Were American Industrialists and Financiers Guilty of War Crimes?
The Nuremberg War Crimes Trials proposed to select those responsible for World War II preparations and atrocities and place them on trial. Whether. such a procedure is morally justifiable is a debatable matter; there is some justification for holding that Nuremberg was a political farce far removed from legal principle.7 However, if we assume that there is such legal and moral justification, then surely any such trial should apply to all, irrespective of nationality. What for example should exempt Franklin D. Roosevelt and Winston Churchill, but not exempt Adolf Hitler and Goering? If the offense is preparation for war, and not blind vengeance, then justice should be impartial.
The directives prepared by the U.S. Control Council in Germany for the arrest and detention of war criminals refers to "Nazis" and "Nazi sympathizers," not "Germans." The relevant extracts are as follows:
a. You will search out, arrest, and hold, pending receipt by you of further instructions as to their disposition, Adolph Hitler, his chief Nazi associates, other war criminals and all persons who have participated in planning or carrying out Nazi enterprises involving or resulting in atrocities or war crimes.
Then follows a list of the categories of persons to be arrested, including:
(8) Nazis and Nazi sympathizers holding important and key positions in (a) National and Gau Civic and economic organizations; (b ) corporations and other organizations in which the government has a major financial interest; (c) industry, commerce, agriculture, and finance; (d) education; (e) the judicial; and (f) the press, publishing houses and other agencies disseminating news and propaganda.
Top American industrialists and financiers named in this book are covered by the categories listed above. Henry Ford and Edsel Ford respectively contributed money to Hitler and profited from German wartime production. Standard Oil of New Jersey, General Electric, General Motors, and I.T.T. certainly made financial or technical contributions which comprise prima facie evidence of "participating in planning or carrying out Nazi enterprises."
There is, in brief, evidence which suggests:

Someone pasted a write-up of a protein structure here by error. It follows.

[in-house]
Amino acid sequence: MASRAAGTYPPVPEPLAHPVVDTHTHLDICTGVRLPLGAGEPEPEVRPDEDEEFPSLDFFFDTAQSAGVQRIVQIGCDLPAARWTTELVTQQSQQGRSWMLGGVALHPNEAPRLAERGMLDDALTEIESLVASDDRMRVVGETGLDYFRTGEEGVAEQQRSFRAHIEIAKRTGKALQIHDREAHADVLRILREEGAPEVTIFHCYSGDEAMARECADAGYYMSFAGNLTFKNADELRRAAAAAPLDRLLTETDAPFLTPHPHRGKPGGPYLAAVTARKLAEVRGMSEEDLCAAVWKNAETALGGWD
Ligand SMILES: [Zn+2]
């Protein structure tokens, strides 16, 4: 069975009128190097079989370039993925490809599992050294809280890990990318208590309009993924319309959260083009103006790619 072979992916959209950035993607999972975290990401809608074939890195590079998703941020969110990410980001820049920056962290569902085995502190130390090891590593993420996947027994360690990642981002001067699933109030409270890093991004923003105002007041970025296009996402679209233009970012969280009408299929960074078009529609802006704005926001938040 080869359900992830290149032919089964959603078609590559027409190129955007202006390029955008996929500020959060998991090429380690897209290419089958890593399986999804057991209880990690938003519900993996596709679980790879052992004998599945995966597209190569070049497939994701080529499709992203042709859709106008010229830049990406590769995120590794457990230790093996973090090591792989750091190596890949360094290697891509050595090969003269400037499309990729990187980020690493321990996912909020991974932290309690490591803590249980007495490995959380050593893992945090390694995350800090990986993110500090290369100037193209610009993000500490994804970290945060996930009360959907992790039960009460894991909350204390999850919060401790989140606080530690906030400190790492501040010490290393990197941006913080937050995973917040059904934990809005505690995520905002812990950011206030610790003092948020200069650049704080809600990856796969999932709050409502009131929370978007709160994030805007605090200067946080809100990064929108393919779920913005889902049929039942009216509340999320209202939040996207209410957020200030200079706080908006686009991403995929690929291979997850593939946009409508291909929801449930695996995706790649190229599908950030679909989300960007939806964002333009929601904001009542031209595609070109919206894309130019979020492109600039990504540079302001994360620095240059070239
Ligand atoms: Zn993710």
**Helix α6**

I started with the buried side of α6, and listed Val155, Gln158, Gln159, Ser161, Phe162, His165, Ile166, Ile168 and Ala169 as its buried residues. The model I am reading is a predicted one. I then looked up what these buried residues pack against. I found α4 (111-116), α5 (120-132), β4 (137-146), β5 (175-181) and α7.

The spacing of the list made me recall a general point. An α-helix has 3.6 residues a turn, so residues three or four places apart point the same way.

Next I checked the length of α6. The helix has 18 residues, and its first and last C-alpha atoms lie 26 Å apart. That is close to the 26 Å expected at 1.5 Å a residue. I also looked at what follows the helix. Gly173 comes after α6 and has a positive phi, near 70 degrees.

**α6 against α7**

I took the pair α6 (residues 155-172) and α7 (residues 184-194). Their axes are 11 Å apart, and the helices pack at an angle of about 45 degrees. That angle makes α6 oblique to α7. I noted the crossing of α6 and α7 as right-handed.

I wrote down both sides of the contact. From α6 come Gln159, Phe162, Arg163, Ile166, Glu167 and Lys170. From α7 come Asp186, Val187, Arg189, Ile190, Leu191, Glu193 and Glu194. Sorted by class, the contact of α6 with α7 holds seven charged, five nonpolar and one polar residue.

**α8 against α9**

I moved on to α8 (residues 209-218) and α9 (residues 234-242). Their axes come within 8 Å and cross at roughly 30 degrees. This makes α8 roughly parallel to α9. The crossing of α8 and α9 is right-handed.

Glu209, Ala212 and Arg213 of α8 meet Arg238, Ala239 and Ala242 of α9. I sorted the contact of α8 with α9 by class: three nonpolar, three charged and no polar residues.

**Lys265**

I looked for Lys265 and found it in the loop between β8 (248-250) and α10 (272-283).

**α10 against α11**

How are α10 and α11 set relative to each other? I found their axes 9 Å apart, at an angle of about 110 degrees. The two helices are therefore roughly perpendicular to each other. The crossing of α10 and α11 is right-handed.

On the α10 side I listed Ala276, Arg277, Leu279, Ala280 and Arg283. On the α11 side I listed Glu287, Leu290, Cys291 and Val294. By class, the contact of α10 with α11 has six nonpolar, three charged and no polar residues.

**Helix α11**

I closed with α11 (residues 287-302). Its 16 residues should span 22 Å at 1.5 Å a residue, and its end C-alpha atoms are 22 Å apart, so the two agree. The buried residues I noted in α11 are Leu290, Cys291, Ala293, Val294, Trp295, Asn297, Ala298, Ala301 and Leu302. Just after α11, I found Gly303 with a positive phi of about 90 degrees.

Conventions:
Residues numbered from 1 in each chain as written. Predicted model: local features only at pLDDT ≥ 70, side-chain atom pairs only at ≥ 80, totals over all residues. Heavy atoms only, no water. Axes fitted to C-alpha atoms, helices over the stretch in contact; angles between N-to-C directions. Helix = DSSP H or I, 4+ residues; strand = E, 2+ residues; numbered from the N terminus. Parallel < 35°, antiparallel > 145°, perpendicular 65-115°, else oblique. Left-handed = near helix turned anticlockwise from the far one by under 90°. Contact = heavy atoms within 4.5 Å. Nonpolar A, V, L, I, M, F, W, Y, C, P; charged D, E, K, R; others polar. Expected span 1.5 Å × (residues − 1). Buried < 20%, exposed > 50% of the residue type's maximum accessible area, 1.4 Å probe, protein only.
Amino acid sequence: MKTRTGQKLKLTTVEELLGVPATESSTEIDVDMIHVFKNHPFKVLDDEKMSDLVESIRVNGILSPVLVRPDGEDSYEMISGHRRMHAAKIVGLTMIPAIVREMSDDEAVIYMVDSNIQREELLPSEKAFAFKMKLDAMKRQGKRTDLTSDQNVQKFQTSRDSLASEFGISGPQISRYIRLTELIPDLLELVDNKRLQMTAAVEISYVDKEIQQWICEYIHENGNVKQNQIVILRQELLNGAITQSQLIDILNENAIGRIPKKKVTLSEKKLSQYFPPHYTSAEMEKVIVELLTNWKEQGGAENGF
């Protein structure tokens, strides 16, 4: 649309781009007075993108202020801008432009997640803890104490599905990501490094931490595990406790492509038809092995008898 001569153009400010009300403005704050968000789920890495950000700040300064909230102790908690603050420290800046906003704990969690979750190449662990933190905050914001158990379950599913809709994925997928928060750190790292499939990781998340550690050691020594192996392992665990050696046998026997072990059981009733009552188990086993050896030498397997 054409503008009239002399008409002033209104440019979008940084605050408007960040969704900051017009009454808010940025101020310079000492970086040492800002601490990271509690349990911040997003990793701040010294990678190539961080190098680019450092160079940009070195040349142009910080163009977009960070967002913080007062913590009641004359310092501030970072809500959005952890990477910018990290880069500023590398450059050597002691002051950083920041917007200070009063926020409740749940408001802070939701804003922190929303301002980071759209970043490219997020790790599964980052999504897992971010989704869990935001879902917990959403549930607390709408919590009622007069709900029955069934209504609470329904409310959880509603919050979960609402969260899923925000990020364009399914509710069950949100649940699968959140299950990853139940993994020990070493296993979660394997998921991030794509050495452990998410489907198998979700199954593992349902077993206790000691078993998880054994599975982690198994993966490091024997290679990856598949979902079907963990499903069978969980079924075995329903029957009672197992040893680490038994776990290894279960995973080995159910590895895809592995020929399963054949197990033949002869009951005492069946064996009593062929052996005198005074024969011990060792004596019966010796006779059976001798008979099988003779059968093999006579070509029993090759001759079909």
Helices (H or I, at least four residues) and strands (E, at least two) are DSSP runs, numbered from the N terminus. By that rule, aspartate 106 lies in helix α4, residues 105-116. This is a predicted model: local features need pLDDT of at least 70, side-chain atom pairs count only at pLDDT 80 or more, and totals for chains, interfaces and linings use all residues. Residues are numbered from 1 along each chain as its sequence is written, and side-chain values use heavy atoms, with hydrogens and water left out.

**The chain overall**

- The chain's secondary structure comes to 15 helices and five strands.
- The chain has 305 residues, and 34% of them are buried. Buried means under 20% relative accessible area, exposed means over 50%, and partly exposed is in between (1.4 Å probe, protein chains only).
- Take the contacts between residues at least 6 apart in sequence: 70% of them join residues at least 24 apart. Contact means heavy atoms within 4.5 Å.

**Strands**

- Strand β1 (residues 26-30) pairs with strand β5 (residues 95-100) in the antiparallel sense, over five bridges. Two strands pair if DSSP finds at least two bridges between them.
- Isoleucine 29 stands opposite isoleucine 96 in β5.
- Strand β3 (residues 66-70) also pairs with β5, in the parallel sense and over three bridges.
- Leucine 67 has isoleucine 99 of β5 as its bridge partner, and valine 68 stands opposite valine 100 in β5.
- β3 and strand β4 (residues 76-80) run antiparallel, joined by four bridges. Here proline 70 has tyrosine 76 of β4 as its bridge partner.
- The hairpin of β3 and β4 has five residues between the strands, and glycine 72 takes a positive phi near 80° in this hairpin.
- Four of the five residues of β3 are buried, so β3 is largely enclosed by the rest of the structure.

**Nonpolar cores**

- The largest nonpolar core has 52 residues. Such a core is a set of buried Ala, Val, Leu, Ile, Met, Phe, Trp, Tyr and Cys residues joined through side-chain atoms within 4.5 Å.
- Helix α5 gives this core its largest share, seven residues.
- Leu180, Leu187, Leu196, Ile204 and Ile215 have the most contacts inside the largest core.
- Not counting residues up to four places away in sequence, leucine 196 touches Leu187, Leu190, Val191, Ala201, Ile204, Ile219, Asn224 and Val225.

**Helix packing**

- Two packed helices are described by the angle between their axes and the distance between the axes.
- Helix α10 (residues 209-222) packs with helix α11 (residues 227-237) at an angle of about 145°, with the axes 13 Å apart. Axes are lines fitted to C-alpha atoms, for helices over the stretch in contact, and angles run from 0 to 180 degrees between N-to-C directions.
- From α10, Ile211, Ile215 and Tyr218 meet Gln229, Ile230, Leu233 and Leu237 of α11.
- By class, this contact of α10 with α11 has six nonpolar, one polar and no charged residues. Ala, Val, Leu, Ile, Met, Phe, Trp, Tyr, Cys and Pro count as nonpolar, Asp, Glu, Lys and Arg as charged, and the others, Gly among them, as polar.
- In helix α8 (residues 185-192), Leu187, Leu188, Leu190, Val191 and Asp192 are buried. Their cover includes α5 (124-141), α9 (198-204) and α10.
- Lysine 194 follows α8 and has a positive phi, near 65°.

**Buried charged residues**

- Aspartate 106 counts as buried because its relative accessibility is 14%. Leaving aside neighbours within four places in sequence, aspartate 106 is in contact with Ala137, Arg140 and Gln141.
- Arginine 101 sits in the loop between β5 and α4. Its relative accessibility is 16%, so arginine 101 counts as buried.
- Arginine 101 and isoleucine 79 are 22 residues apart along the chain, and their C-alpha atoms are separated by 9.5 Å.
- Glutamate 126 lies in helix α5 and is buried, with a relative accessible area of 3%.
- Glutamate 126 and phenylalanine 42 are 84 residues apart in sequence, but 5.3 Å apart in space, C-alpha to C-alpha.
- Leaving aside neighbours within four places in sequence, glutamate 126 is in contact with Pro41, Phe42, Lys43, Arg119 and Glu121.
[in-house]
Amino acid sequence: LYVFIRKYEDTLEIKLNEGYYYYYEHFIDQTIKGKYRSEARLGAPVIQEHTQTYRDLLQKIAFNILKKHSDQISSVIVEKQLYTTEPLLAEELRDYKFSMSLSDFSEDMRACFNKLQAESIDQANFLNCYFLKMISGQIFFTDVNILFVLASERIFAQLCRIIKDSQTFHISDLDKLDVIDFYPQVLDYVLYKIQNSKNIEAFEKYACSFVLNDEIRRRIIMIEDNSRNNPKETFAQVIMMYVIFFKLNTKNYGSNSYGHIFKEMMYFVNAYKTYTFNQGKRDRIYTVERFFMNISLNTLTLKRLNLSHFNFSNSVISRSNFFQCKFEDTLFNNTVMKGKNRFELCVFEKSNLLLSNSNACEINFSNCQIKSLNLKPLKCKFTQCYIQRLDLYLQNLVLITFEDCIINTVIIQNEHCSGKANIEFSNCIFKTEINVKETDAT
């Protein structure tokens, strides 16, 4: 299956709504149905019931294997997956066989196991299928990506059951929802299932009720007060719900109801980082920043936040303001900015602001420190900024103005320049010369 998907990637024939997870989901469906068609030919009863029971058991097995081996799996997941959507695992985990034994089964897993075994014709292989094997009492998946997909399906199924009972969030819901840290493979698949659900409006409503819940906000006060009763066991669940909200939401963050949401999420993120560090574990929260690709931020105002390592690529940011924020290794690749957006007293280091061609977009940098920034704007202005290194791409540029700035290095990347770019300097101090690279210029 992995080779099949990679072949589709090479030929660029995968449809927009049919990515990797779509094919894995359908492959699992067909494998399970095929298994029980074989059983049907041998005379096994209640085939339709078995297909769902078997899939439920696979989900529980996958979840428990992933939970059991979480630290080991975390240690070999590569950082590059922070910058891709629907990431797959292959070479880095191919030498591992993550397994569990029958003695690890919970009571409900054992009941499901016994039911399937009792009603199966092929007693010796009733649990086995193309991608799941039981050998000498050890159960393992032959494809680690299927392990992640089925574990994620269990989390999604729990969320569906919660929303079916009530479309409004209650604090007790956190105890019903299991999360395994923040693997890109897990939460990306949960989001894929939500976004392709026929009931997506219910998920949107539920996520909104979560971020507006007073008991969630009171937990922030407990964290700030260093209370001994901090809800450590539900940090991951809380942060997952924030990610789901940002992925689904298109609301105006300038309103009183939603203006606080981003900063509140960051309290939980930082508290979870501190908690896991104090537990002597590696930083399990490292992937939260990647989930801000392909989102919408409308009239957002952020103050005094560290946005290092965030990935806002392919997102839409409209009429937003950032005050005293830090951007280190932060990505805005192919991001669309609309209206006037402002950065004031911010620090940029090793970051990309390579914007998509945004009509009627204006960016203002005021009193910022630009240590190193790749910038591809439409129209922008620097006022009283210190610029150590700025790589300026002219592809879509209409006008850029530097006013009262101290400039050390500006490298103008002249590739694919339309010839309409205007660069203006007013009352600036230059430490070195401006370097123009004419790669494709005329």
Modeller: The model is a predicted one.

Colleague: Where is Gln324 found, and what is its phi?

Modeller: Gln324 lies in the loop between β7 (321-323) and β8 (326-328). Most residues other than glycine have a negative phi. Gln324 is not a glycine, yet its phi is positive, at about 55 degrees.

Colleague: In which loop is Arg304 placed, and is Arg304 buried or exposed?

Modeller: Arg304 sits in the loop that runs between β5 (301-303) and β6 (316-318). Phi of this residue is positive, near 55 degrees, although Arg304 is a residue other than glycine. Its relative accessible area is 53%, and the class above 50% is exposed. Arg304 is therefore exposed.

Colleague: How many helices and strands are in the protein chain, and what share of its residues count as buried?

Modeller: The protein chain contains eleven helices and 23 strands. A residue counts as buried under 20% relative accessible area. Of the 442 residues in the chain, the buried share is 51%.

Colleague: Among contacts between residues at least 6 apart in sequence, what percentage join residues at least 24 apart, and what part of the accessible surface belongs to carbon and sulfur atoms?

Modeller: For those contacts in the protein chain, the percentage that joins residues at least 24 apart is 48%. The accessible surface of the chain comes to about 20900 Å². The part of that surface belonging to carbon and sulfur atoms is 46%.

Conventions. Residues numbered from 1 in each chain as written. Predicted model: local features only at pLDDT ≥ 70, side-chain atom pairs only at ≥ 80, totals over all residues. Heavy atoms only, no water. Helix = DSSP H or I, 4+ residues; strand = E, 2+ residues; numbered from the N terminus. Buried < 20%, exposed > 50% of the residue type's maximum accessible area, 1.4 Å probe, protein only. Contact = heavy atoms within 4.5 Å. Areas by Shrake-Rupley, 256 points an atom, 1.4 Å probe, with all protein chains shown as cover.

(a) cooperation with the Wehrmacht (Ford Motor Company, Chase Bank, Morgan Bank);
(b) aid to the Nazi Four Year Plan and economic mobilization for war (Standard Oil of New Jersey);
(c) creating and equipping the Nazi war machine (I.T.T.);
(d) stockpiling critical materials for the Nazis (Ethyl Corporation);
(e) weakening the Nazis' potential enemies (American I.G. Farben);
(f) carrying on of propaganda, intelligence, and espionage (American I.G. Farben and Rockefeller public-relations man Ivy Lee).
At the very least there is sufficient evidence to demand a thorough and impartial investigation. However, as we have noted previously, these same firms and financiers were prominent in the 1933 election of Roosevelt and consequently had sufficient political pull to squelch threats of investigation. Extracts from the Morgenthau diary demonstrate that Wall Street political power was sufficient even to control the appointment of officers responsible for the denazification and eventual government of post-war Germany.
Did these American firms know of their assistance to Hitler's military machine? According to the firms themselves, emphatically not. They claim innocence of any intent to aid Hitler's Germany. Witness a telegram sent by the chairman of the board of Standard Oil of New Jersey to Secretary of War Patterson after World War II, when preliminary investigation of Wall Street assistance was under way:
During the entire period of our business contacts, we had no inkling of Farben's conniving part in Hitler's brutal politics, We offer any help we can give to see that complete truth is brought to light, and that rigid justice is done.
Chairman of Board
Unfortunately, the evidence presented is contrary to Abrams' telegraphed assertions. Standard Oil of New Jersey not only aided Hitler's war machine, but had knowledge of this assistance. Emil Helfferich, the board chairman of a Standard of New Jersey subsidiary, was a member of the Keppler Circle before Hitler came to power; he continued to give financial contributions to Himmler's Circle as late as 1944.
Accordingly, it is not at all difficult to visualize why Nazi industrialists were puzzled by "investigation" and assumed at the end of the war that their Wall Street friends would bail them out and protect them from the wrath of those who had suffered. These attitudes were presented to the Kilgore Committee in 1946:
You might also be interested in knowing, Mr. Chairman, that the top I.G. Farben people and others, when we questioned them about these activities, were inclined at times to be very indignant. Their general attitude and expectation was that the war was over and we ought now to be assisting them in helping to get I.G. Farben and German industry back on its feet. Some of them have outwardly said that this questioning and investigation was, in their estimation, only a phenomenon of short duration, because as soon as things got a little settled they would expect their friends in the United States and in England to be coming over. Their friends, so they said, would put a stop to activities such as these investigations and would see that they got the treatment which they regarded as proper and that assistance would be given to them to help reestablish their industry.8
1Morgenthau Diary (Germany).
4Ibid., pp. 800-2.
5James Stewart Martin, All Honorable Men, op. cit., p. 75.
6Morgenthau Diary (Germany), p. 1543. Colonel Graeme K. Howard's book was entitled, America and a New World Order, (New York: Scribners, 1940).
7The reader should examine the essay, "The Return to War Crimes," in James J. Martin, Revisionist Viewpoints, (Colorado: Ralph Mules, 1971).
8Elimination of German Resources, p. 652.